“My name is Francis Azemia, I was arrested concerning a murder case.  Before I was arrested I went to barrel.  It is true that I had some drinks at the barrel, I enjoyed myself and then I went out.  I went towards Mont Fleuri to hitch a ride and when I reached Mont Fleuri I got into a fight with 4 other men.  That is when I ran to Plaisance and when I arrived at the bus stop I fell asleep there.  When I was arrested by the police I was not conscious.  It was just on the next day early in the morning when I woke up I was in the CID office.  They told me that I have killed a woman at the pier.  I saw SI Belle explained to me that he had received information concerning the case and at the same time when he was talking to me he was writing.  What I recalled is that when he finished writing down the statement he asked me to sigh it but I did not sign.  And then in the afternoon we went to court and he forced me to sign the statement in court.  Then I signed the statement and I was remanded for 14 days at the Beau Vallon police station.  I do not recall anything about going to the pier.  I have never been to the long pier.  Then we came down to court again for my remand.  I was remanded at the Beau Vallon and then I came down to court to be remanded.  And now the case is going on just the way you can see.  That is all.”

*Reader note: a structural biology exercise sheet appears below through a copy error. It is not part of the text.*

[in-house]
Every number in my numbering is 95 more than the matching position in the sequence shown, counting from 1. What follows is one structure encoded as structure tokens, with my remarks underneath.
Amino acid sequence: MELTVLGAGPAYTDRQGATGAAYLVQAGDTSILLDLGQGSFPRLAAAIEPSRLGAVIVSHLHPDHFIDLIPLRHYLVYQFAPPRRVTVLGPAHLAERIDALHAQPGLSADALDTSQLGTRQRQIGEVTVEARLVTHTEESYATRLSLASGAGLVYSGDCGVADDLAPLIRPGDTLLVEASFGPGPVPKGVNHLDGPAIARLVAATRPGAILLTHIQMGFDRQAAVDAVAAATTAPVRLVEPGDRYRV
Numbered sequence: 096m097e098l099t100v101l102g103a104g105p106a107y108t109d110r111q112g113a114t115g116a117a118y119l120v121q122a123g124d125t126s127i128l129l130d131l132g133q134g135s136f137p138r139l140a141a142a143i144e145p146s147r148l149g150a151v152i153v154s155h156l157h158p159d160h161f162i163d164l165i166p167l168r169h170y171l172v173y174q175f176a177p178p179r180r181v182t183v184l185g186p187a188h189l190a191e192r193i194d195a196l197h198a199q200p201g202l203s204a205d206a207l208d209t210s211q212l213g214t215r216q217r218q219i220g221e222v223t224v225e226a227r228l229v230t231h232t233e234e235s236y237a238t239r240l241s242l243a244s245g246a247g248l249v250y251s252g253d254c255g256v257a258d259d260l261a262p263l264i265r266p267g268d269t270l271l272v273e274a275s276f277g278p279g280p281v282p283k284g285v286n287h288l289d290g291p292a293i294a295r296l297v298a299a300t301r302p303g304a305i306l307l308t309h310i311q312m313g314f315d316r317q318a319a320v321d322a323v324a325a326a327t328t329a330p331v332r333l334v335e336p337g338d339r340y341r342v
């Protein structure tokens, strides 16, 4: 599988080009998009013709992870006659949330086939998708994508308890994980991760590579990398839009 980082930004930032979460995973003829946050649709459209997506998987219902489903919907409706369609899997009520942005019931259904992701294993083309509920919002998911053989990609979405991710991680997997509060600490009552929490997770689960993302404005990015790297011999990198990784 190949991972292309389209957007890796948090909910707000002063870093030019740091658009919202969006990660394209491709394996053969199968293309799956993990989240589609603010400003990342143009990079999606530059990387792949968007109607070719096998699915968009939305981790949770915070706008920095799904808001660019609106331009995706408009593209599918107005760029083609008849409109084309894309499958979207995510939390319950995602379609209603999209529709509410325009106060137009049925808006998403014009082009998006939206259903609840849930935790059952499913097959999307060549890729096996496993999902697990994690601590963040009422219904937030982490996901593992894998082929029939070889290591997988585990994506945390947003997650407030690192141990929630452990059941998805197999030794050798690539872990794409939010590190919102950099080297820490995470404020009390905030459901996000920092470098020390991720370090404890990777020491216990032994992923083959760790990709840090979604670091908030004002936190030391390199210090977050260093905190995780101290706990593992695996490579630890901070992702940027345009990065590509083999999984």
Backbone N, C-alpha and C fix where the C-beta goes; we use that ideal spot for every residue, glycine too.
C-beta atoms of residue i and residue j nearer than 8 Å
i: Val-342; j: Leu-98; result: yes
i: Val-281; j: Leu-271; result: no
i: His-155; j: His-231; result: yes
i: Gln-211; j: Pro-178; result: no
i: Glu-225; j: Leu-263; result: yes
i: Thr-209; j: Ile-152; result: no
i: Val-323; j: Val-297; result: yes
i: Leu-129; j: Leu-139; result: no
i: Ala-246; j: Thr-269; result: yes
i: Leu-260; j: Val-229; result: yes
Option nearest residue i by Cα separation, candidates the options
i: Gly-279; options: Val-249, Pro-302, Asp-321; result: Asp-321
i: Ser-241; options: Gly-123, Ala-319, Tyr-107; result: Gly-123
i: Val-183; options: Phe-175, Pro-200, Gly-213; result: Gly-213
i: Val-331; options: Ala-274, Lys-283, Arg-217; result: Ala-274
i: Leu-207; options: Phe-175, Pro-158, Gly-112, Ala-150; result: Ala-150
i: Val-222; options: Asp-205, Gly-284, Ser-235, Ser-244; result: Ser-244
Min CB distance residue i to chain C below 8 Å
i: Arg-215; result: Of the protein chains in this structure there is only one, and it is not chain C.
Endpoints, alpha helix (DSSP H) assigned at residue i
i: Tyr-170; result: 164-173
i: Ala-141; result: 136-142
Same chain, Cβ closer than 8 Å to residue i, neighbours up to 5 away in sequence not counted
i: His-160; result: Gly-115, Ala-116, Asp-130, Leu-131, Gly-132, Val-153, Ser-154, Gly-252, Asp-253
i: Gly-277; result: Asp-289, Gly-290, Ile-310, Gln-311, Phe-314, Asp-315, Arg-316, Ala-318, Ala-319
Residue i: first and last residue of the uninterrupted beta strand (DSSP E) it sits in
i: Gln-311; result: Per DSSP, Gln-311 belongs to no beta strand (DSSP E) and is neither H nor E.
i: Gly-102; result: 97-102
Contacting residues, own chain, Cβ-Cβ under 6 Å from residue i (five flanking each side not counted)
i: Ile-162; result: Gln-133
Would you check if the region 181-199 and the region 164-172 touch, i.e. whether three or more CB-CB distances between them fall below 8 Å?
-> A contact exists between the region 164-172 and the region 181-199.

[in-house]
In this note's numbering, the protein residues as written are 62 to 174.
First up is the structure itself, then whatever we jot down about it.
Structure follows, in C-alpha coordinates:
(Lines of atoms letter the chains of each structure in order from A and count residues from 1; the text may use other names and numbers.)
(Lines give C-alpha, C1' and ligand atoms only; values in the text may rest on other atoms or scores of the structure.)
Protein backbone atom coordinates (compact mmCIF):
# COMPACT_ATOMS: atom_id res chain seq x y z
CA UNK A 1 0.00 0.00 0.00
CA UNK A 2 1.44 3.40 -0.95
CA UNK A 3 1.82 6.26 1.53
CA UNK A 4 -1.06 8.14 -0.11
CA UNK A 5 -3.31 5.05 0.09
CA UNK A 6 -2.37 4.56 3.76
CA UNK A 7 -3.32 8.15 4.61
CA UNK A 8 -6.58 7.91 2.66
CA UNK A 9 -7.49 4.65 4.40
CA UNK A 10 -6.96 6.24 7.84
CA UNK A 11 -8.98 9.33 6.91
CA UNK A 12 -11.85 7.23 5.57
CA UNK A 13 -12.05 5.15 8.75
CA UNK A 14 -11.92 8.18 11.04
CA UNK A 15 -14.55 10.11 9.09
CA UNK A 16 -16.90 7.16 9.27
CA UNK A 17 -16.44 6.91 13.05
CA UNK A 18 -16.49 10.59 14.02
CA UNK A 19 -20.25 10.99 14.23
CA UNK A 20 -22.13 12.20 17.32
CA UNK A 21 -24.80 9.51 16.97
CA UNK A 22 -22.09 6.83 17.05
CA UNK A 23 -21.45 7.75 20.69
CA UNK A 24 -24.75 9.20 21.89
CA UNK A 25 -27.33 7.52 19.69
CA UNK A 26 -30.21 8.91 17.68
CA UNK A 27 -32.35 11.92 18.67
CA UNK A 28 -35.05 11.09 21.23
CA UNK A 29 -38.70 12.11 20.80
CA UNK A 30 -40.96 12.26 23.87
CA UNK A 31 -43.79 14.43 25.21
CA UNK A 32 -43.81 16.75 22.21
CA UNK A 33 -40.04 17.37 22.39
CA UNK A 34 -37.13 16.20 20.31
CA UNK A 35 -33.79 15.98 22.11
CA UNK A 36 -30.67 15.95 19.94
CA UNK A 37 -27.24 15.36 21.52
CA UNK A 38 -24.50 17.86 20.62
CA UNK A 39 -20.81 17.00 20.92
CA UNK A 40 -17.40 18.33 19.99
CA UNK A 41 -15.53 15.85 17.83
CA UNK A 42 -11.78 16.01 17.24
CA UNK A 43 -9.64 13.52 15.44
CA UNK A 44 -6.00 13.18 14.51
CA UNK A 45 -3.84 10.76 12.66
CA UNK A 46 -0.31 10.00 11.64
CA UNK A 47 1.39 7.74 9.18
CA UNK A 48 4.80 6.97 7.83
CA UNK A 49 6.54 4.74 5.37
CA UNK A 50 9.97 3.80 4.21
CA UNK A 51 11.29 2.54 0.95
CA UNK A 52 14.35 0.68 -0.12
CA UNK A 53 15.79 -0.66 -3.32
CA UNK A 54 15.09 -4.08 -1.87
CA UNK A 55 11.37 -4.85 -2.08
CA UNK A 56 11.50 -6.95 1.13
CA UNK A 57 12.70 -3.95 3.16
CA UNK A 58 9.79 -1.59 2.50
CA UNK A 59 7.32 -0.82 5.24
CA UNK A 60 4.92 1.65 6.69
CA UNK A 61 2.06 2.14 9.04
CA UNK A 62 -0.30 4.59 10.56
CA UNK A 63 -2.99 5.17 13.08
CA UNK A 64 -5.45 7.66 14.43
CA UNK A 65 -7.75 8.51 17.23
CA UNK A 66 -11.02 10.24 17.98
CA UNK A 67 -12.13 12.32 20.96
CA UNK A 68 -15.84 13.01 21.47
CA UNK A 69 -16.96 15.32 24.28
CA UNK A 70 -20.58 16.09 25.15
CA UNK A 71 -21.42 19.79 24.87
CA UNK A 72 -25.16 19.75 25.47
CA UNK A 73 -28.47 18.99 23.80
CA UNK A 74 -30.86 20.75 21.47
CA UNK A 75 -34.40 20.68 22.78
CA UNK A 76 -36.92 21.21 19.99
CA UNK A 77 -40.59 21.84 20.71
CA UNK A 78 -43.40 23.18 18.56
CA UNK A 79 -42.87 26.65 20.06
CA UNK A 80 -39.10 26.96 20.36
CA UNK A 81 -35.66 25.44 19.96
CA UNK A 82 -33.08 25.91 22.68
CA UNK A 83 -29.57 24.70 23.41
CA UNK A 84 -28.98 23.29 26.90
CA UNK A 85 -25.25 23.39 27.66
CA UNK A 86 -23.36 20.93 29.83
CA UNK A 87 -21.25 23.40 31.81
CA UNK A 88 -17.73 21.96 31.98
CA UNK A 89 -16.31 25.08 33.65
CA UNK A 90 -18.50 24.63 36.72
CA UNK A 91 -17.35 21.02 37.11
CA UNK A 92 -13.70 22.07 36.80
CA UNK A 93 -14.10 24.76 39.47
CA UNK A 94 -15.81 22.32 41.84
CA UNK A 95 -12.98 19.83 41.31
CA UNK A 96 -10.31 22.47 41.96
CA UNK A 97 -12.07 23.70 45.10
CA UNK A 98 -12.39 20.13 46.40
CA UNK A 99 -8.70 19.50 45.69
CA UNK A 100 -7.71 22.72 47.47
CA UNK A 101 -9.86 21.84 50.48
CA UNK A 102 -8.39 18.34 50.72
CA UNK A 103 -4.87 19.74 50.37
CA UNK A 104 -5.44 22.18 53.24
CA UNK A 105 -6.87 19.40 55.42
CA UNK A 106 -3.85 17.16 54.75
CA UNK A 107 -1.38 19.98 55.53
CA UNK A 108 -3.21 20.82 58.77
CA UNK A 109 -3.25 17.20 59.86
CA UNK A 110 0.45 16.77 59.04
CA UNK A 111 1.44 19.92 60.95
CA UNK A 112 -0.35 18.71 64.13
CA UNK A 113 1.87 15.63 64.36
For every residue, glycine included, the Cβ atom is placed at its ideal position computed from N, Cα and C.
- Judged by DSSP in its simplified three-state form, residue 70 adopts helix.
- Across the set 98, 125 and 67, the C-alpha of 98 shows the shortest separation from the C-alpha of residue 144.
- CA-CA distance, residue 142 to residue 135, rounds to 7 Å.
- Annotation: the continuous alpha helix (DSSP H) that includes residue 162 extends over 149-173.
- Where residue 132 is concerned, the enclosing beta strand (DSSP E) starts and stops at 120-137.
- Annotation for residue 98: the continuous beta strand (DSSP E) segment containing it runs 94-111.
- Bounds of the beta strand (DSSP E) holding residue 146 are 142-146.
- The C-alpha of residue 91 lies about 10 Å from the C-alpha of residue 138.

1. There is a difficulty in understanding the confessional statement in this case. The evidence in this case does not fit in with the confession. If the confessional statement is to be acted upon this is an incident that had sparked off merely as a result of the Appellant getting angry when the deceased swore at him for following her, indicating an unplanned attack. The brutality with which the killing had taken place, the injuries on the genetalia of the deceased and more so that the person who had been following the deceased had covered his face with his shirt when PW Roger Furneau flashed the lights of the van on him coupled with the version of the bald headed man who ran away past the Amusement Centre soon after the alleged assault on the woman, as told to Eddie Vel by Samuel Julie is indicative of an attack by a person who had already decided to attack the deceased at the time Furneau and Pierre saw him. It is difficult to comprehend that a person who takes precautions to hide his face from ongoing traffic before the attack, and having run away from the scene of crime after the attack, would decide to sleep at a bus halt on the main road, not too far away from the scene of attack.